Hobby Lobby loses appeal of contraception coverage

A district court previously found that secular, for-profit companies had no constitutional right to the free exercise of religion

The 10th Circuit on Thursday denied Hobby Lobby’s request to be exempted from the portion of the Patient Protection and Affordable Care Act (PPACA) that requires employers to provide insurance coverage for emergency contraceptives.

The owners of the arts and crafts retail chain argue that the mandate violates their Christian beliefs. The contraceptives at issue—the “morning after” and “week after” birth control pills—prevent ovulation or fertilization. Because they can keep fertilized eggs from attaching to the uterine wall, Hobby Lobby’s founder David Green says, they are tantamount to abortion.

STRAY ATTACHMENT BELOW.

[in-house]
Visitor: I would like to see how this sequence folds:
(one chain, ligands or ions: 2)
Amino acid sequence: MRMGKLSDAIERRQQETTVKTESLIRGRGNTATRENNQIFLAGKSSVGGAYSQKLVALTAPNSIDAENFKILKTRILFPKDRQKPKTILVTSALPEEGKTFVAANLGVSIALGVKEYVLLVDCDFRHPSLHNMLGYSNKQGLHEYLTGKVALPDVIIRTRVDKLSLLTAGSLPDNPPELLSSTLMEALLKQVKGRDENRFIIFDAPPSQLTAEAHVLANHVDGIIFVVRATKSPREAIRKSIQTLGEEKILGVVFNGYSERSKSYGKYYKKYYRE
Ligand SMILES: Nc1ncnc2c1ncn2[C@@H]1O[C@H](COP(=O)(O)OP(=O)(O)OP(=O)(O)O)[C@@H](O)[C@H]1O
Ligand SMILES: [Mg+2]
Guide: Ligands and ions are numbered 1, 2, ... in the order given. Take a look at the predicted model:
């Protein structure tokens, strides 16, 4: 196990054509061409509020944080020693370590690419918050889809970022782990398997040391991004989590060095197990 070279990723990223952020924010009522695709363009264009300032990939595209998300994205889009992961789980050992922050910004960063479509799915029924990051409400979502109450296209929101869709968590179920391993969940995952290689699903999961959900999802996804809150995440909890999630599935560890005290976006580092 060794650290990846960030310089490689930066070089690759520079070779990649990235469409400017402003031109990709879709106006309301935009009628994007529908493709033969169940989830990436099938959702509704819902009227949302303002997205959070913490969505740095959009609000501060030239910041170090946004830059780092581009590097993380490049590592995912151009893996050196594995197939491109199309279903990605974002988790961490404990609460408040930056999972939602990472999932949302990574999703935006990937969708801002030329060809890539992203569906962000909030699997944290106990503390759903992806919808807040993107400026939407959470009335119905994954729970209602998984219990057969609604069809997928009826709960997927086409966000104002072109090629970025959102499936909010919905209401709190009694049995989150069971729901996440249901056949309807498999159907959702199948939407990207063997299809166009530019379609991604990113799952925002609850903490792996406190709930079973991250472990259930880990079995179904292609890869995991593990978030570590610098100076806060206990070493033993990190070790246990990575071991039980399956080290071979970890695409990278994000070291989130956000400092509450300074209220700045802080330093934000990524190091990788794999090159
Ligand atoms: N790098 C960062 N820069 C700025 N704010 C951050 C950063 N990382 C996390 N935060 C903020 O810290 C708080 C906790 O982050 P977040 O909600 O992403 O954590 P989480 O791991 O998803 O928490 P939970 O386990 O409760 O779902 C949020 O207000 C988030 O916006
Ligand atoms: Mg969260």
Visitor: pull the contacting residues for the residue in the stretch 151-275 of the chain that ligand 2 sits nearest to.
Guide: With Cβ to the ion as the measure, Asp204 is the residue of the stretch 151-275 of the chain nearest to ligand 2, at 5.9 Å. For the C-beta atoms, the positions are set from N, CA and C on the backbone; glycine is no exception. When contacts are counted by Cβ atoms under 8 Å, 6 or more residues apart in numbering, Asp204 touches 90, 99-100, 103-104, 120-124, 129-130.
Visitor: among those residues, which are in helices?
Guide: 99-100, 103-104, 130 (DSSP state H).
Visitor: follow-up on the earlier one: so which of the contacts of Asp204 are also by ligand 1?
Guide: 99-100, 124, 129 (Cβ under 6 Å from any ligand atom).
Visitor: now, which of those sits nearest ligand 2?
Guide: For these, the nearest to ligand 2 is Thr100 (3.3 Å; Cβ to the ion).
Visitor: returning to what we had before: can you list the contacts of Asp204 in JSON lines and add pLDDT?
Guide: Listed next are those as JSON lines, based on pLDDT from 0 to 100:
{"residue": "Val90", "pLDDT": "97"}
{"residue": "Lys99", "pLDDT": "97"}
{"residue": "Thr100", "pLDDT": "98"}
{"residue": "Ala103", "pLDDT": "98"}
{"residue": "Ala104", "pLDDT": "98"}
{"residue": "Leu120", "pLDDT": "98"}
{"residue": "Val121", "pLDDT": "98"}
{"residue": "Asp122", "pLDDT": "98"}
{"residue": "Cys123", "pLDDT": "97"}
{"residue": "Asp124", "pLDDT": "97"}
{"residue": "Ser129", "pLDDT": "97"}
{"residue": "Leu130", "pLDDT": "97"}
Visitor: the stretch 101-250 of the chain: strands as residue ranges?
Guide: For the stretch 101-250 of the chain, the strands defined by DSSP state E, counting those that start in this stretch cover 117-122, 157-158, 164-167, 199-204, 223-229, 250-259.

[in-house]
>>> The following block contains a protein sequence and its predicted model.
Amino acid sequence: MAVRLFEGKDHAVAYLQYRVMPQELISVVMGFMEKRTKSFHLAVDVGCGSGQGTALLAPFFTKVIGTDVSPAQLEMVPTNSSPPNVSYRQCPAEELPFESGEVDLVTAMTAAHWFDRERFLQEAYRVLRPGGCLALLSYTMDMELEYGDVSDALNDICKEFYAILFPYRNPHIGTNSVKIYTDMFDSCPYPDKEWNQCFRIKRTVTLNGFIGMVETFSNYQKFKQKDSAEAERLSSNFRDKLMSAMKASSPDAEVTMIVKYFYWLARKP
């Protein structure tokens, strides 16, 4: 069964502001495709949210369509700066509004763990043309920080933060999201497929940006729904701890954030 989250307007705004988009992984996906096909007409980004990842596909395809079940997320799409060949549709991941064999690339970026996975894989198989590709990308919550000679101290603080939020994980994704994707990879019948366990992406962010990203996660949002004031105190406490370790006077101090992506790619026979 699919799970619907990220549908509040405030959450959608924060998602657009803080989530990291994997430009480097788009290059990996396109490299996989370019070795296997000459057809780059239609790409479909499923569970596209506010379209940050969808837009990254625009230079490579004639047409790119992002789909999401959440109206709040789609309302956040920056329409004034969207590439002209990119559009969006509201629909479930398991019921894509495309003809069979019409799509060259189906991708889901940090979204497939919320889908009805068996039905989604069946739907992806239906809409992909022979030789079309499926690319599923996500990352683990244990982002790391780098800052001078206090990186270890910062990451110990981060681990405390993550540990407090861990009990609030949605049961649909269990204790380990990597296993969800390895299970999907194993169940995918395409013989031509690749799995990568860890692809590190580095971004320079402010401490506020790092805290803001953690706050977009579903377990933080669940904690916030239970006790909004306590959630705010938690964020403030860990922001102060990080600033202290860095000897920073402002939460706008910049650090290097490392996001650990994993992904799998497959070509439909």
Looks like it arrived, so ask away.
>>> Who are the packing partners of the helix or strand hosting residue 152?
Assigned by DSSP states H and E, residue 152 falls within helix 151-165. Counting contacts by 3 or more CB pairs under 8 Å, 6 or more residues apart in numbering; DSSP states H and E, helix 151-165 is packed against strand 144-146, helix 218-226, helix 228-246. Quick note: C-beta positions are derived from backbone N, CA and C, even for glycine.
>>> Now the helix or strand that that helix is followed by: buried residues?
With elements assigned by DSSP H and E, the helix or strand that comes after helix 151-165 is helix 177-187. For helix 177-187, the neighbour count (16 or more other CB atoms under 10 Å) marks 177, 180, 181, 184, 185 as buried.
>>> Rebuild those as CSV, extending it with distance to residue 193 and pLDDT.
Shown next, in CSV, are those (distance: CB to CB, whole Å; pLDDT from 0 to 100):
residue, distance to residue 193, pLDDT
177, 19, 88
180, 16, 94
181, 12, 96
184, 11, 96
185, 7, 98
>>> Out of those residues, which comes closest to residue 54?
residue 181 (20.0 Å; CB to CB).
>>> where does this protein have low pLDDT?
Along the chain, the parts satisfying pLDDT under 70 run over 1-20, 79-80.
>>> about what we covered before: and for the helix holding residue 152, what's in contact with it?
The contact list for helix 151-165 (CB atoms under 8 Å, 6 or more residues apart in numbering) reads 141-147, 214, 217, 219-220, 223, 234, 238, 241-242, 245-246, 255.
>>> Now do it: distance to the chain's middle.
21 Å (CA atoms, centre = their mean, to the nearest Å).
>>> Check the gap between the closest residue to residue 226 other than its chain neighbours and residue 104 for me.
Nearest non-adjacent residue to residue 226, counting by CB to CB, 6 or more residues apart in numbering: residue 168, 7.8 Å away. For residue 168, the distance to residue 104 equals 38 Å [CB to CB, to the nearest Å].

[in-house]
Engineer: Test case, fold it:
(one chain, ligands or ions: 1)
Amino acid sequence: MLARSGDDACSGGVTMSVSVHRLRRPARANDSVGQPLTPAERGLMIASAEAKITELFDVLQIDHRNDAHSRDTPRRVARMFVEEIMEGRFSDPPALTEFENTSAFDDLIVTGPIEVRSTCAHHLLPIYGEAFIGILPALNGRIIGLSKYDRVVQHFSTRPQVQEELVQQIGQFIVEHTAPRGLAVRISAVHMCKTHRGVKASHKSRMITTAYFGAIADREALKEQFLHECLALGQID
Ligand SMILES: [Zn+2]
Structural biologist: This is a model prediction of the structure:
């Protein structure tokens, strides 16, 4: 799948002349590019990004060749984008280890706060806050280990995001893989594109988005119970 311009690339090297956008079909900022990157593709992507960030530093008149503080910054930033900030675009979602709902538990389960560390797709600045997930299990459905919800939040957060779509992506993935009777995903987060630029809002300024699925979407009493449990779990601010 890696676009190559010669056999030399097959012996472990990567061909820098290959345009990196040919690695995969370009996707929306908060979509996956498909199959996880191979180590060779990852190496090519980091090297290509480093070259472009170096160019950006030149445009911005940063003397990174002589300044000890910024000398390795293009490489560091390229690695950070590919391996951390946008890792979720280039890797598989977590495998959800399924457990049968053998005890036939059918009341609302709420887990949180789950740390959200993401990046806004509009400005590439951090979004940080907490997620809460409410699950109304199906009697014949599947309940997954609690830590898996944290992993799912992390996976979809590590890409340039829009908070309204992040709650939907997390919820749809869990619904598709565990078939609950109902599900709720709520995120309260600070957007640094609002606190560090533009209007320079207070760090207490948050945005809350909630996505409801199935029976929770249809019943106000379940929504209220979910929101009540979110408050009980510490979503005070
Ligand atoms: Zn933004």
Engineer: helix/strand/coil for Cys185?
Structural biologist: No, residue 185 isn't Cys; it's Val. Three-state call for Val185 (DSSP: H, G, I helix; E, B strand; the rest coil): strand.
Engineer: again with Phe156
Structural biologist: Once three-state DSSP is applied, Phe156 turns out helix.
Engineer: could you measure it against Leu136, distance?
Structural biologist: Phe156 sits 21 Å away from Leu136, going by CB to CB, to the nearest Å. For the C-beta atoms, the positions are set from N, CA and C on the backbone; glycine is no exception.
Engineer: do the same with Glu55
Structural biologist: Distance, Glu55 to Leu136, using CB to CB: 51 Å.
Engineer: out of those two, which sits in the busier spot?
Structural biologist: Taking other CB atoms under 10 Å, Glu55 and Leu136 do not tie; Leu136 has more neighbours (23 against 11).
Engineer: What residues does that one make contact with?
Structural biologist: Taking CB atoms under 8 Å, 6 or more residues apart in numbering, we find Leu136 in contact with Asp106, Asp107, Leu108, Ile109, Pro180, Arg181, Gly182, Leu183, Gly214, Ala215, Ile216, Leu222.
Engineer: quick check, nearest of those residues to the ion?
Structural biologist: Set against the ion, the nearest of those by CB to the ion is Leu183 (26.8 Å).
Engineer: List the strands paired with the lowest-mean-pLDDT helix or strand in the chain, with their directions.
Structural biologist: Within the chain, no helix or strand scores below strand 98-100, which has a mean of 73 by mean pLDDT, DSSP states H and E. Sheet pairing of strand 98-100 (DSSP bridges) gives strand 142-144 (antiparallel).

In November, U.S. District Judge Joe Heaton denied the company’s request for a preliminary injunction against the contraceptive mandate. In his ruling, Heaton said that although “the court [was] not unsympathetic” to the retailer’s dilemma, he had “not found any case concluding that secular, for-profit corporations such as Hobby Lobby and [sister company] Mardel have a constitutional right to the free exercise of religion.”

The company, which says it would face up to $1.3 million in daily fines if it does not comply with the mandate by Jan. 1, plans to appeal the verdict to the U.S. Supreme Court.

Read more at Thomson Reuters.

For more InsideCounsel coverage of the health care law, see:

Hobby Lobby sues not to cover morning-after pill

Obamacare faces another lawsuit over contraception coverage

Cheat Sheet: What employers need to know about the Affordable Care Act

Sears, Darden Restaurants announce defined-contribution programs for employee health benefits

Contributing Author

Alanna Byrne

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